There’s no doubt these four will adjust well to NCAA life. Think about it — in last year’s senior class, the Gators lost two former U.S. elites, a former Canadian elite and a former level 10. That’s exactly what this class brings to the table, but they’re not necessarily perfect matches to who they replace. Chant is actually more of a Bridgette Caquatto replacement, with vault and floor as her strong points and the ability to contribute on at least one other event. Gowey will cover Bianca Dancose Giambattisto’s strong bars set and then some. She’ll definitely be able to produce a lineup-worthy beam set as well. And Hundley may never have gone to the Olympics, but in NCAA, she has the potential to be another Bridget Sloan if she can maintain the upswing she’s been on in the last year. Alexander remains a relative unknown, but having seen her in training updates, it’s doubtful she’ll turn into a Frazier situation, just providing depth for the team. She’s trained 10.0 vaults, her flexibility in her floor dance is there and her difficulty on beam is high. She could definitely sneak into a lineup or two. As a whole, this class should be able to fill in the holes left by the seniors and then some.



The Tigers can really only add to their success with the addition of three freshmen, having lost very few routines with the graduation of their seniors. While Kirby may not have the high difficulty, she’s got clean, tight form, which is the hallmark of NCAA competition. Edney has some massive power on vault and floor, but her bars too could challenge for a lineup position, with decent difficulty and massive amplitude. And Harrold should be pushing forward toward the all around more and more with each meet. With a 10.0 vault, her uniquely difficult bars, her steady beam and her dynamic performance ability on floor, she should be a shoo-in by the end of the season.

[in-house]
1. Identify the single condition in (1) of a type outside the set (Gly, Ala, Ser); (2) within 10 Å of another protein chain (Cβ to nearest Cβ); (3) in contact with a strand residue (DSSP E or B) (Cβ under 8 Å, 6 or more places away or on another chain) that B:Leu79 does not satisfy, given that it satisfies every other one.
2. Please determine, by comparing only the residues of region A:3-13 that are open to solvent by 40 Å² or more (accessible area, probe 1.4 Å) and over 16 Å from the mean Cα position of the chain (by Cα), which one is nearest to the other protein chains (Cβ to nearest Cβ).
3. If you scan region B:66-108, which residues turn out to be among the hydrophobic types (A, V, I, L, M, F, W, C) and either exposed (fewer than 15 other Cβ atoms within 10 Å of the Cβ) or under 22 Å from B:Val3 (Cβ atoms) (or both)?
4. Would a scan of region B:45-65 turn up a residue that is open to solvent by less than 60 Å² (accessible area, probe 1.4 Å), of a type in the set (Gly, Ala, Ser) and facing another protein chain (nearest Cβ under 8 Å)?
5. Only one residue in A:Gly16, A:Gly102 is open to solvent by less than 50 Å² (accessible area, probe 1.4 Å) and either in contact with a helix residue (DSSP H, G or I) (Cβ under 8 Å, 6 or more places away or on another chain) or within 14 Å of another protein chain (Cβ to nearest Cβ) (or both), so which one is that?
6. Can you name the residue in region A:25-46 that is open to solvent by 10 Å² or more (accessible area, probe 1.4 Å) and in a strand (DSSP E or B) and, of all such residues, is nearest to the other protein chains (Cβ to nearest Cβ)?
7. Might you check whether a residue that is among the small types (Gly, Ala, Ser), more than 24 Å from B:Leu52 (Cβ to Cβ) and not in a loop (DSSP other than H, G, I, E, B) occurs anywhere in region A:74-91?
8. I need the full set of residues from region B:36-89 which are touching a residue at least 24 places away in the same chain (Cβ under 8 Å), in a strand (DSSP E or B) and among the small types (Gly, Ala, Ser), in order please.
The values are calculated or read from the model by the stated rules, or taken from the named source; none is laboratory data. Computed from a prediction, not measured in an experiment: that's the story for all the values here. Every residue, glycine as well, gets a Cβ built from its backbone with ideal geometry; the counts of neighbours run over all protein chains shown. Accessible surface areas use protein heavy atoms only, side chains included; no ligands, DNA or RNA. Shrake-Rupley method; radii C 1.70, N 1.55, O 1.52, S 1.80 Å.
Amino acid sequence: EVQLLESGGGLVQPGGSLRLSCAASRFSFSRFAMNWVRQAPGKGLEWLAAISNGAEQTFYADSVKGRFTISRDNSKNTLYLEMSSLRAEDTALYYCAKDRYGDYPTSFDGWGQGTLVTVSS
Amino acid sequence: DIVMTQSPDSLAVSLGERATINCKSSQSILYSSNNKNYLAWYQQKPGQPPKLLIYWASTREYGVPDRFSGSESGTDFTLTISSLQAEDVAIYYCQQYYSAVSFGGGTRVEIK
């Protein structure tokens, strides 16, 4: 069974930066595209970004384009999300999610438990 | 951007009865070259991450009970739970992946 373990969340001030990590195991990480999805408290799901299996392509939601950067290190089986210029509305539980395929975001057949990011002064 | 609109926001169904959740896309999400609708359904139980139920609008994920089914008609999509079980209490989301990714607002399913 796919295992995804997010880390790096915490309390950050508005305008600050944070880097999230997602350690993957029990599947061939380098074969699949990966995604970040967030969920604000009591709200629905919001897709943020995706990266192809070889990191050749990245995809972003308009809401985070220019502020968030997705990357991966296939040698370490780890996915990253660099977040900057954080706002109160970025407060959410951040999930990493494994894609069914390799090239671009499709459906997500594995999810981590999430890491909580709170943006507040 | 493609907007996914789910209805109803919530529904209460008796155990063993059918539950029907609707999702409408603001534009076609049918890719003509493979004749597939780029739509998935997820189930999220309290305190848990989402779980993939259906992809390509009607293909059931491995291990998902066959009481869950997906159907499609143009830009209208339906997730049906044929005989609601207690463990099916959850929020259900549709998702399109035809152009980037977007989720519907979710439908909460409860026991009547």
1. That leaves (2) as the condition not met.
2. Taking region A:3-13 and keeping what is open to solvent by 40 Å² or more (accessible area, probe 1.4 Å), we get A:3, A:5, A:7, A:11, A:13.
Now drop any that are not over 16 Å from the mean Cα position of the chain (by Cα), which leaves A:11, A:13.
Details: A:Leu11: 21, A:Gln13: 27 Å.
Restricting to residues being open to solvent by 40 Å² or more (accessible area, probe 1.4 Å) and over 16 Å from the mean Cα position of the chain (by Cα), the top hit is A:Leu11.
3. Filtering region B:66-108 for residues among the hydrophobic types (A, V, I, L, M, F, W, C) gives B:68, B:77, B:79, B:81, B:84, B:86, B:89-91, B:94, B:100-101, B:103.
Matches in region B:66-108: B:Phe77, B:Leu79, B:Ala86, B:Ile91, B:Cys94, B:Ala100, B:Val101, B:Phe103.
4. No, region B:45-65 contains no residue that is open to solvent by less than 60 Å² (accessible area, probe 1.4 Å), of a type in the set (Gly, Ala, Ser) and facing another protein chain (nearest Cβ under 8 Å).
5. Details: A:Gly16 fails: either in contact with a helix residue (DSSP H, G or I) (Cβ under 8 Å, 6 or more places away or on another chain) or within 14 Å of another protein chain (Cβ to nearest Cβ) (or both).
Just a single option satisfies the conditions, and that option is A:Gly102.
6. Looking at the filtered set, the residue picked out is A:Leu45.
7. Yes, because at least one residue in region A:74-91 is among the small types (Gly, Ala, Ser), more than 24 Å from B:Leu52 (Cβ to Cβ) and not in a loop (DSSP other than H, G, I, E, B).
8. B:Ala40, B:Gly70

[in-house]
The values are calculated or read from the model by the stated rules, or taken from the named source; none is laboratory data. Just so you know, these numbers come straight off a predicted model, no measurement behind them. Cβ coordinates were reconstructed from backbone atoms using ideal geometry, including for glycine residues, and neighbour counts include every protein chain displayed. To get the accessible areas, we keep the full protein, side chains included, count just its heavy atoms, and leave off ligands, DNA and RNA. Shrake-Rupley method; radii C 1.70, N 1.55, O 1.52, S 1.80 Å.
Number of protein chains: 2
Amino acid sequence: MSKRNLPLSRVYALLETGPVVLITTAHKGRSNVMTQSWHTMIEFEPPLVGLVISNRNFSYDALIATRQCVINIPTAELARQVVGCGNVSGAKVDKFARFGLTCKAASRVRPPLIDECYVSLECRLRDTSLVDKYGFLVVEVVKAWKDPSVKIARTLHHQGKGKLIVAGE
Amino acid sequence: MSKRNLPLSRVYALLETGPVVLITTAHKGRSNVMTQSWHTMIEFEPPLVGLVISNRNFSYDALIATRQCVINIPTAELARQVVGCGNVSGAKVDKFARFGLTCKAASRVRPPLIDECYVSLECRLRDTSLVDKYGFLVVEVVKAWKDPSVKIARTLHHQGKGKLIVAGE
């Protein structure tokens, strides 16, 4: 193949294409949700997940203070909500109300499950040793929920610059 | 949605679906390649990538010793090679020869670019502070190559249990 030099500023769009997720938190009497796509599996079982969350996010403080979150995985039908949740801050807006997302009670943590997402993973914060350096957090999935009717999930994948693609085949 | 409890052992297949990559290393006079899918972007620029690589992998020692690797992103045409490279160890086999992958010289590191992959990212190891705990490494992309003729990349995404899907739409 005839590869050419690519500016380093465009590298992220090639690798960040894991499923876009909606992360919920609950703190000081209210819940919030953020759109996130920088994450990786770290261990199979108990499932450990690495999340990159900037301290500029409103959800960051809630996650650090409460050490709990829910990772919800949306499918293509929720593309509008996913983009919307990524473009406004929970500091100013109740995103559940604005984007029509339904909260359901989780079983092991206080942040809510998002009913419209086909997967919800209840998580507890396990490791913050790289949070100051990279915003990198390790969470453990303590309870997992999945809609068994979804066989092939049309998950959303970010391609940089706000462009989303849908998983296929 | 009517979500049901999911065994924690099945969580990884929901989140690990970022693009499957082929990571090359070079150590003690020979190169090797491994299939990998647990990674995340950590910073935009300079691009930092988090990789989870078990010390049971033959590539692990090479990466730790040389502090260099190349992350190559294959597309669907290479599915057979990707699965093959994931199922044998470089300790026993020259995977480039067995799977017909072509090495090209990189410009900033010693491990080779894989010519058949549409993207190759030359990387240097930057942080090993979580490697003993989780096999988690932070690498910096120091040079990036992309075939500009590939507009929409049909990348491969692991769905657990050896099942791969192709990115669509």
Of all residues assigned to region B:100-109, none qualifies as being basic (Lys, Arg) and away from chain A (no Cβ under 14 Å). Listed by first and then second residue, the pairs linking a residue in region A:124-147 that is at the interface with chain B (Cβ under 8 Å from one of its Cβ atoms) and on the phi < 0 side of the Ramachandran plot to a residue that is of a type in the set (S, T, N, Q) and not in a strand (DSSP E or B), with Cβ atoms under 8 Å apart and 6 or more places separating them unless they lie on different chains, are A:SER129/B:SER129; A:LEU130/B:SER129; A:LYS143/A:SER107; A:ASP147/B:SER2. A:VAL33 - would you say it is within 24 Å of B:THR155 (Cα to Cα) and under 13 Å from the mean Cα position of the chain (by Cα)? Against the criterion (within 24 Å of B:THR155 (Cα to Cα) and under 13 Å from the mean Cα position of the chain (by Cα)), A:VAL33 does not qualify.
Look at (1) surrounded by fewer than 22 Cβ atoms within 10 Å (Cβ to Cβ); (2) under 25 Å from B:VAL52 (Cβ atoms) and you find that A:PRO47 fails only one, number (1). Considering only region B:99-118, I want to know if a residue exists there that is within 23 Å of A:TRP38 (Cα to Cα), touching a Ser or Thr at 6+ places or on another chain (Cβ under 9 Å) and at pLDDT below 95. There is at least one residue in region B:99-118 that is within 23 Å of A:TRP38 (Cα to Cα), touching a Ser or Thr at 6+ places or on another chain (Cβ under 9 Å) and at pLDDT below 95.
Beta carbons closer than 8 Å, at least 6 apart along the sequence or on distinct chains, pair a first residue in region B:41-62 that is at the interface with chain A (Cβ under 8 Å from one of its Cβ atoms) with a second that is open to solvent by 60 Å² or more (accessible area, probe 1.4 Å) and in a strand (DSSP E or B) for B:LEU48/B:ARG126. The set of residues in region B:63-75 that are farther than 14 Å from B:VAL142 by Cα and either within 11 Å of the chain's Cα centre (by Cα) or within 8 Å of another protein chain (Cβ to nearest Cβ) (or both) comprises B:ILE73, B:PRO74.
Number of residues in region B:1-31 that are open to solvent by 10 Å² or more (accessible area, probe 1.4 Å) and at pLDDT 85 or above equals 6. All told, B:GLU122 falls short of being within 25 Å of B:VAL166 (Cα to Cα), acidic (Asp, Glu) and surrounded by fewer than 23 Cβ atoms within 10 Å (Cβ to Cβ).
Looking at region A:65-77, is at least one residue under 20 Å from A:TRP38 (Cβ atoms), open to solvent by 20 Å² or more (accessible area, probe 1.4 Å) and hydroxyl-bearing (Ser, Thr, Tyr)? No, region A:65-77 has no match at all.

Between Skinner, Reinstadtler and Tessen, Utah should be able to make up the massive gaps that its seniors and retirees leave behind. However, with Skinner at least, form can be somewhat of an issue, as can consistency. However, downgrading from difficult elite sets could remedy this issue. In addition, the team’s depth on bars has suffered greatly, so even with Reinstadtler and Tessen contributing, the Utes will likely only have six bars routine to field. Two key veterans, Lee and Stover, will also be coming back from injuries, and their recovery progress is still relatively unknown. However, their vault and beam lineups should see a major boost from the freshmen.